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A04595 Text:



 
                STATE OF NEW YORK
        ________________________________________________________________________
 
                                          4595
 
                               2021-2022 Regular Sessions
 
                   IN ASSEMBLY
 
                                    February 4, 2021
                                       ___________
 
        Introduced by M. of A. KELLES -- read once and referred to the Committee
          on Ways and Means
 
        AN ACT to amend the tax law, in relation to the imposition of additional
          tax  on  certain business income and on business income included in an
          individual's New York taxable income

          The People of the State of New York, represented in Senate and  Assem-
        bly, do enact as follows:
 
     1    Section 1. The tax law is amended by adding two new sections 209-N and
     2  608 to read as follows:
     3    §  209-N.  Additional  tax. 1. There is imposed an additional tax on a
     4  taxpayer's business income base, as defined in section two  hundred  ten
     5  of  this article, at a rate equal to the difference between (i) the rate
     6  of tax imposed in subparagraph (b) of paragraph one of section 11 of the
     7  Internal Revenue Code (26 U.S. Code § 11(1)(b)), as in  effect  for  the
     8  year  two  thousand sixteen, and (ii) the current rate of tax imposed in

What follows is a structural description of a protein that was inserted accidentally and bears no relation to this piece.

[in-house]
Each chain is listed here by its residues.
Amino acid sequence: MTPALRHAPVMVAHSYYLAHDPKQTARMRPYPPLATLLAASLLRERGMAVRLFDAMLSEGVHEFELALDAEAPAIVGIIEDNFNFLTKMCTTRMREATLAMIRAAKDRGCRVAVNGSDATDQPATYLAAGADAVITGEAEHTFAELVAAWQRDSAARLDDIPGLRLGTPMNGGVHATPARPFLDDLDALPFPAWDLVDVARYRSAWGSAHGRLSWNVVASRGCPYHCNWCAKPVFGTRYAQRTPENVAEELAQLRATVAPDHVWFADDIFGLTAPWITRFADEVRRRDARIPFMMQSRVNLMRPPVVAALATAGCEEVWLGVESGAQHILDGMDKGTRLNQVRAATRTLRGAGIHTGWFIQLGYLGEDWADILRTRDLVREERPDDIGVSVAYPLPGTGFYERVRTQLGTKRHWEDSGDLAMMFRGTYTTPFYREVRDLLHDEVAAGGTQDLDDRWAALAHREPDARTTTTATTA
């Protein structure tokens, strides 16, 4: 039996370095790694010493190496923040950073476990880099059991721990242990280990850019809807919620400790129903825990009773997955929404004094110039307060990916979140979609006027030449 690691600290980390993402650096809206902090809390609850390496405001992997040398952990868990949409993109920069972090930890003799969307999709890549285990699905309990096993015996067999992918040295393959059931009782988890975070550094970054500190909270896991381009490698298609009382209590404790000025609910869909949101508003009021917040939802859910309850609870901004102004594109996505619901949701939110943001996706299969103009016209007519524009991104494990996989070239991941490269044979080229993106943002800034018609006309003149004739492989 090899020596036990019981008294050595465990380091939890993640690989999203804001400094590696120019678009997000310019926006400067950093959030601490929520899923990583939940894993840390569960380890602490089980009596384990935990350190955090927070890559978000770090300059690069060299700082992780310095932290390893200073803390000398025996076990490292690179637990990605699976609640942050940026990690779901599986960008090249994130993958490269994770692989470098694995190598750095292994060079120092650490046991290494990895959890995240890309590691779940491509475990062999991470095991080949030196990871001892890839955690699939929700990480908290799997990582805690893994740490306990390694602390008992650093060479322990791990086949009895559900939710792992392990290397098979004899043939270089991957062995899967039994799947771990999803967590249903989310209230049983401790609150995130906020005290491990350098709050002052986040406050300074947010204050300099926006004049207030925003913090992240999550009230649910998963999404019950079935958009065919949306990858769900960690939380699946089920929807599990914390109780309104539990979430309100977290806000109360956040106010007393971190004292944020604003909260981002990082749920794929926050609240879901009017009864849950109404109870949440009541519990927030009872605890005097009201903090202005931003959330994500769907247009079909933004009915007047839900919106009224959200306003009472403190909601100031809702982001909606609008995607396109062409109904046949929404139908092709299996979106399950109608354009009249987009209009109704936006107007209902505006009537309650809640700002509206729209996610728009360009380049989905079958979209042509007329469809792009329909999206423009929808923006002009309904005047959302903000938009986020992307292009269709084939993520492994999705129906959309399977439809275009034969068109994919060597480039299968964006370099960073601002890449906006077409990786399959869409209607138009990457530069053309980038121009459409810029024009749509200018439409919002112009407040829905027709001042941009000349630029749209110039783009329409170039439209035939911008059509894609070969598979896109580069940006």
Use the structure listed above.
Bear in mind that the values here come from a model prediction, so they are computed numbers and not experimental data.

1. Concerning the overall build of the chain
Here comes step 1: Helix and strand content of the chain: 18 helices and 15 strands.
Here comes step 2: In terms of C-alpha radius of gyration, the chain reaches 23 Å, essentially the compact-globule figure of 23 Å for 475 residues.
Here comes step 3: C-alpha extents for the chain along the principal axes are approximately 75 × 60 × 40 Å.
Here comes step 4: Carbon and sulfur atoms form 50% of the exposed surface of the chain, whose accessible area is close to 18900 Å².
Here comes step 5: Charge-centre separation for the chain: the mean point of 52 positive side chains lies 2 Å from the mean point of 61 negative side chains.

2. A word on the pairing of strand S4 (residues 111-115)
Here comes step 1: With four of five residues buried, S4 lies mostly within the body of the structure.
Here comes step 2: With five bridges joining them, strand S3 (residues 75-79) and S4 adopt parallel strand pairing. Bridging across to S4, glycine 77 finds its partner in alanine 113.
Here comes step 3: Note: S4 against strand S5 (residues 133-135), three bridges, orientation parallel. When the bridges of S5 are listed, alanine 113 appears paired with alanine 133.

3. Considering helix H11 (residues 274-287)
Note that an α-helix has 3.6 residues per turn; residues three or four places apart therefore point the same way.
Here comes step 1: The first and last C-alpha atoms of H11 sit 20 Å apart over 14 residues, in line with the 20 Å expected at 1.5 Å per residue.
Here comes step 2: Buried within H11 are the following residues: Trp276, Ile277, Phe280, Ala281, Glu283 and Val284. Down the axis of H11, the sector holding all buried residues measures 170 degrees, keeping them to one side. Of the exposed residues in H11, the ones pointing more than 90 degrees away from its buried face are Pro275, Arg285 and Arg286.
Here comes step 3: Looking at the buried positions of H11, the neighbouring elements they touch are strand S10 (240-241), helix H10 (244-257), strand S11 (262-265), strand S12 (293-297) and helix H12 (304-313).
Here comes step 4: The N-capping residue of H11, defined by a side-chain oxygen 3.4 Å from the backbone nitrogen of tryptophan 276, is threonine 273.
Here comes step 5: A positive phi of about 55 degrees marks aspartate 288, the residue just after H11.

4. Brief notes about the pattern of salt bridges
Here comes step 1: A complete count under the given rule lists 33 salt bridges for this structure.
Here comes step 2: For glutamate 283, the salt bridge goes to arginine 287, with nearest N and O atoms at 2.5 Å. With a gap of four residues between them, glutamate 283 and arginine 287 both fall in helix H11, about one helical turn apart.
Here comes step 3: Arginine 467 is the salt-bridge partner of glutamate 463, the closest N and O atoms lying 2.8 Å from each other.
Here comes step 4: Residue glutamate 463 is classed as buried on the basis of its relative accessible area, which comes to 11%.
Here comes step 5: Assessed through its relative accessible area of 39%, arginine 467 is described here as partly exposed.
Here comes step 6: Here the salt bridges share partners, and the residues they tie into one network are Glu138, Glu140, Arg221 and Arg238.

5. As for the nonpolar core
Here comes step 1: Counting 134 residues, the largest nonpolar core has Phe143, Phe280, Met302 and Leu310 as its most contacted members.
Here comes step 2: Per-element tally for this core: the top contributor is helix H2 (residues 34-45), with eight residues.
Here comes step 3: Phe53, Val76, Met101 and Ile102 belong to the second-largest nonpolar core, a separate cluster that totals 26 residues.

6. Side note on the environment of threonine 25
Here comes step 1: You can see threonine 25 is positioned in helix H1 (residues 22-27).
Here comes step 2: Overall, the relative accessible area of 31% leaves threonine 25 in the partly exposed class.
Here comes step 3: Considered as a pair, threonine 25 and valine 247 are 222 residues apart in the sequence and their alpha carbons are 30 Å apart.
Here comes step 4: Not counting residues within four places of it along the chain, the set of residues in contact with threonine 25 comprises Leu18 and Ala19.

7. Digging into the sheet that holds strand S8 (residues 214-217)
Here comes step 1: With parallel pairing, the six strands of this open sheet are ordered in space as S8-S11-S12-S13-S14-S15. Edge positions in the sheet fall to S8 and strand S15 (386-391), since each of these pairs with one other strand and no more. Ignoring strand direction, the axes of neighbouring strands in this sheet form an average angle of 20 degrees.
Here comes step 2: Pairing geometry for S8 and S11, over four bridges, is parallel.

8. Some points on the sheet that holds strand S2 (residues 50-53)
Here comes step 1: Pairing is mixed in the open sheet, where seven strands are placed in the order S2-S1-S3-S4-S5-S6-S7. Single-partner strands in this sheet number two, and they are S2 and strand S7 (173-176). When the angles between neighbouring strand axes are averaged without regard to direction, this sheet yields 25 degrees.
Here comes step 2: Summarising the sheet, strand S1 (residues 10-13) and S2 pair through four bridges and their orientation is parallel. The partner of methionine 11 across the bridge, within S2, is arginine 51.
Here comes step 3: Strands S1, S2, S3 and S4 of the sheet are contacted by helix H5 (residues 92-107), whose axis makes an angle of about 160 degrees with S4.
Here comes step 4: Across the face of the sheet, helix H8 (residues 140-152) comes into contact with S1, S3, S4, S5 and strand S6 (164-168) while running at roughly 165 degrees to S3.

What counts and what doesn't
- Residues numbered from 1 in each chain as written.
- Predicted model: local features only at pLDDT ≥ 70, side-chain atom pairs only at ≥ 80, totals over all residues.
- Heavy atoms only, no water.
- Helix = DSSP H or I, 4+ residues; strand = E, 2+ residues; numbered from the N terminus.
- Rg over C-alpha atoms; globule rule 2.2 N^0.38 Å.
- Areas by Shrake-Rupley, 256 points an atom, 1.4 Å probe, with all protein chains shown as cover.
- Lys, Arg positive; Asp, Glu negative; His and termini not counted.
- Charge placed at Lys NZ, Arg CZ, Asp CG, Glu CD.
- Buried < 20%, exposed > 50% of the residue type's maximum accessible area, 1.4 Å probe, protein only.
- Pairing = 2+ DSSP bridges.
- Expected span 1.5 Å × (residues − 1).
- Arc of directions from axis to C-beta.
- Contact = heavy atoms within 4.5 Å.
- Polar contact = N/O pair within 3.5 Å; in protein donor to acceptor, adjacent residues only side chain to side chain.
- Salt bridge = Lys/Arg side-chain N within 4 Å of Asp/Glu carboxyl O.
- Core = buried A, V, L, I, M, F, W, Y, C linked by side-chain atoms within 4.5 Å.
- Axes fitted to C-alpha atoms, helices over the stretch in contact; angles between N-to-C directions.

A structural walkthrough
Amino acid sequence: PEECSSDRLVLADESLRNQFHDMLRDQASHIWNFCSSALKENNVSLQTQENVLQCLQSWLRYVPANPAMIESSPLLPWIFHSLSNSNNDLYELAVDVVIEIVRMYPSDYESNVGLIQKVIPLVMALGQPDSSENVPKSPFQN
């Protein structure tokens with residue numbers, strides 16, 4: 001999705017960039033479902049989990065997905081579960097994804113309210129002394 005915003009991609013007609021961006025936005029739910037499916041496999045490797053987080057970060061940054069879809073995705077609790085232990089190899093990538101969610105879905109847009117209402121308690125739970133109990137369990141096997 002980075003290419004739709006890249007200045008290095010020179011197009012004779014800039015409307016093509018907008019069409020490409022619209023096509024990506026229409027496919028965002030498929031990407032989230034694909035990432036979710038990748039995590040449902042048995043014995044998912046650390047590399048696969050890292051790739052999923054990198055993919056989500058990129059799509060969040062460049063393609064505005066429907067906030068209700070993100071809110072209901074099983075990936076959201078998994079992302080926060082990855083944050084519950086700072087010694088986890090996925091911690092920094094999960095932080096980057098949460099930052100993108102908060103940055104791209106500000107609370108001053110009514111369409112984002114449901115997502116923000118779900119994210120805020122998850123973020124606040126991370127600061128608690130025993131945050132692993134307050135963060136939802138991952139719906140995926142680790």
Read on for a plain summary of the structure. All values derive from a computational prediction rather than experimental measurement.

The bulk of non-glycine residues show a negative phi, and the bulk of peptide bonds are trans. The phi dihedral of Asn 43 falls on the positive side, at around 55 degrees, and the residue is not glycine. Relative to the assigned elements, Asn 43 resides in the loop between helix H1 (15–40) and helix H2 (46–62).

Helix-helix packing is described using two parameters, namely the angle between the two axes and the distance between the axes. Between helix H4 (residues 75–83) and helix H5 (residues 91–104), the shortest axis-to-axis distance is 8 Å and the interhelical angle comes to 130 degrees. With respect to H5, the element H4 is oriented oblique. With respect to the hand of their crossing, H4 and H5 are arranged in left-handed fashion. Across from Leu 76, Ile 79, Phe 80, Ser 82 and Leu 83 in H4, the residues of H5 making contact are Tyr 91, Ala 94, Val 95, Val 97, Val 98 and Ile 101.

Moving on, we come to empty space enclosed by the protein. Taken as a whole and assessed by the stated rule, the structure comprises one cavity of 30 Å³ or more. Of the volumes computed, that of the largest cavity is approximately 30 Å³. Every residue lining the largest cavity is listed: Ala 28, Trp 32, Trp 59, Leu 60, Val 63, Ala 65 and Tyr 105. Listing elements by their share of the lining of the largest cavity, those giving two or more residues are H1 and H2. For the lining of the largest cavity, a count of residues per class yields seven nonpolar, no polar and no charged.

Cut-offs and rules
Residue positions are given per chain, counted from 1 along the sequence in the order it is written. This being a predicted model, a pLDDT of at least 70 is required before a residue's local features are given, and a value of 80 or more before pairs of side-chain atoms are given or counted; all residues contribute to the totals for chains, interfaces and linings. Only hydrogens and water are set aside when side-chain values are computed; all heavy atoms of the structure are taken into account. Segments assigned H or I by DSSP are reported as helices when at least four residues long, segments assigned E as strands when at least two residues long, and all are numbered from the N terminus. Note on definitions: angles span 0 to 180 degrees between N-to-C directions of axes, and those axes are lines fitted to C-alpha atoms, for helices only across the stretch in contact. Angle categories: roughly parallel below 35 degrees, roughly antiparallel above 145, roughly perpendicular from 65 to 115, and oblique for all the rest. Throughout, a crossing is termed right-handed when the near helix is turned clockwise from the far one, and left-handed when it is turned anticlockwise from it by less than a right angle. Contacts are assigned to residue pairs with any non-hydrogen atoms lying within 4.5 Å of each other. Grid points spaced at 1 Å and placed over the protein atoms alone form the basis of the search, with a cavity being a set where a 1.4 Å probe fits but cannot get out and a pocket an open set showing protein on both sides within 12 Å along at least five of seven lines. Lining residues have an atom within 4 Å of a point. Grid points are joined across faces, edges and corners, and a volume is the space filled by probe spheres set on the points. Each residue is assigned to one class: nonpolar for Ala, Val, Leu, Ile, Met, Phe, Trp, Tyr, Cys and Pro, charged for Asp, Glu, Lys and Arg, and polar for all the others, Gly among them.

9  paragraph (b) of section 11 of the Internal Revenue Code (26 U.S. Code §
    10  11(1)(b)).
    11    2. The additional tax under this section shall  be  administered,  and
    12  penalties shall be imposed, under the same provisions of this article as
    13  the tax imposed under section two hundred nine of this article.
    14    §  608. Additional tax. 1. There is imposed an additional tax upon the
    15  amount of an individual's New York taxable income  that  corresponds  to
    16  any  deduction  taken  pursuant  to section 199A of the Internal Revenue
    17  Code (26 U.S. Code § 199A), or any  successor  provision  thereto.  This
    18  section  shall  not  apply  to  a taxpayer with a federal taxable income
    19  below the threshold amount, as defined in section 199A(e) of the  Inter-
    20  nal  Revenue  Code, plus fifty thousand dollars for single filers or one
    21  hundred thousand dollars in the case of a joint return.
    22    2. The rate of such additional tax  shall  be  equal  to  the  highest
    23  federal income tax rates in effect for the taxable year that would apply
    24  to  the  amount deducted under section 199A of the Internal Revenue Code
 
         EXPLANATION--Matter in italics (underscored) is new; matter in brackets
                              [ ] is old law to be omitted.
                                                                   LBD07723-01-1

        A. 4595                             2
 
     1  (26 U.S. Code § 199A), or any successor provision thereto, but  for  the
     2  application of such section.
     3    3.  The  amount of an individual's New York taxable income that corre-
     4  sponds to the amount of any deduction taken pursuant to section 199A  of
     5  the Internal Revenue Code (26 U.S. Code § 199A) is the amount that bears
     6  the same relationship to the taxpayer's total New York taxable income as
     7  the  amount deducted under section 199A of the Internal Revenue Code (26
     8  U.S. Code § 199A) bears to the taxpayer's total federal  taxable  income
     9  as determined without regard to such deduction.
    10    4.  The  additional  tax under this section shall be administered, and
    11  penalties shall be imposed, in  the  same  manner  as  the  other  taxes
    12  imposed by this article.
    13    §  2.  This  act  shall take effect immediately and shall apply to tax
    14  year 2021.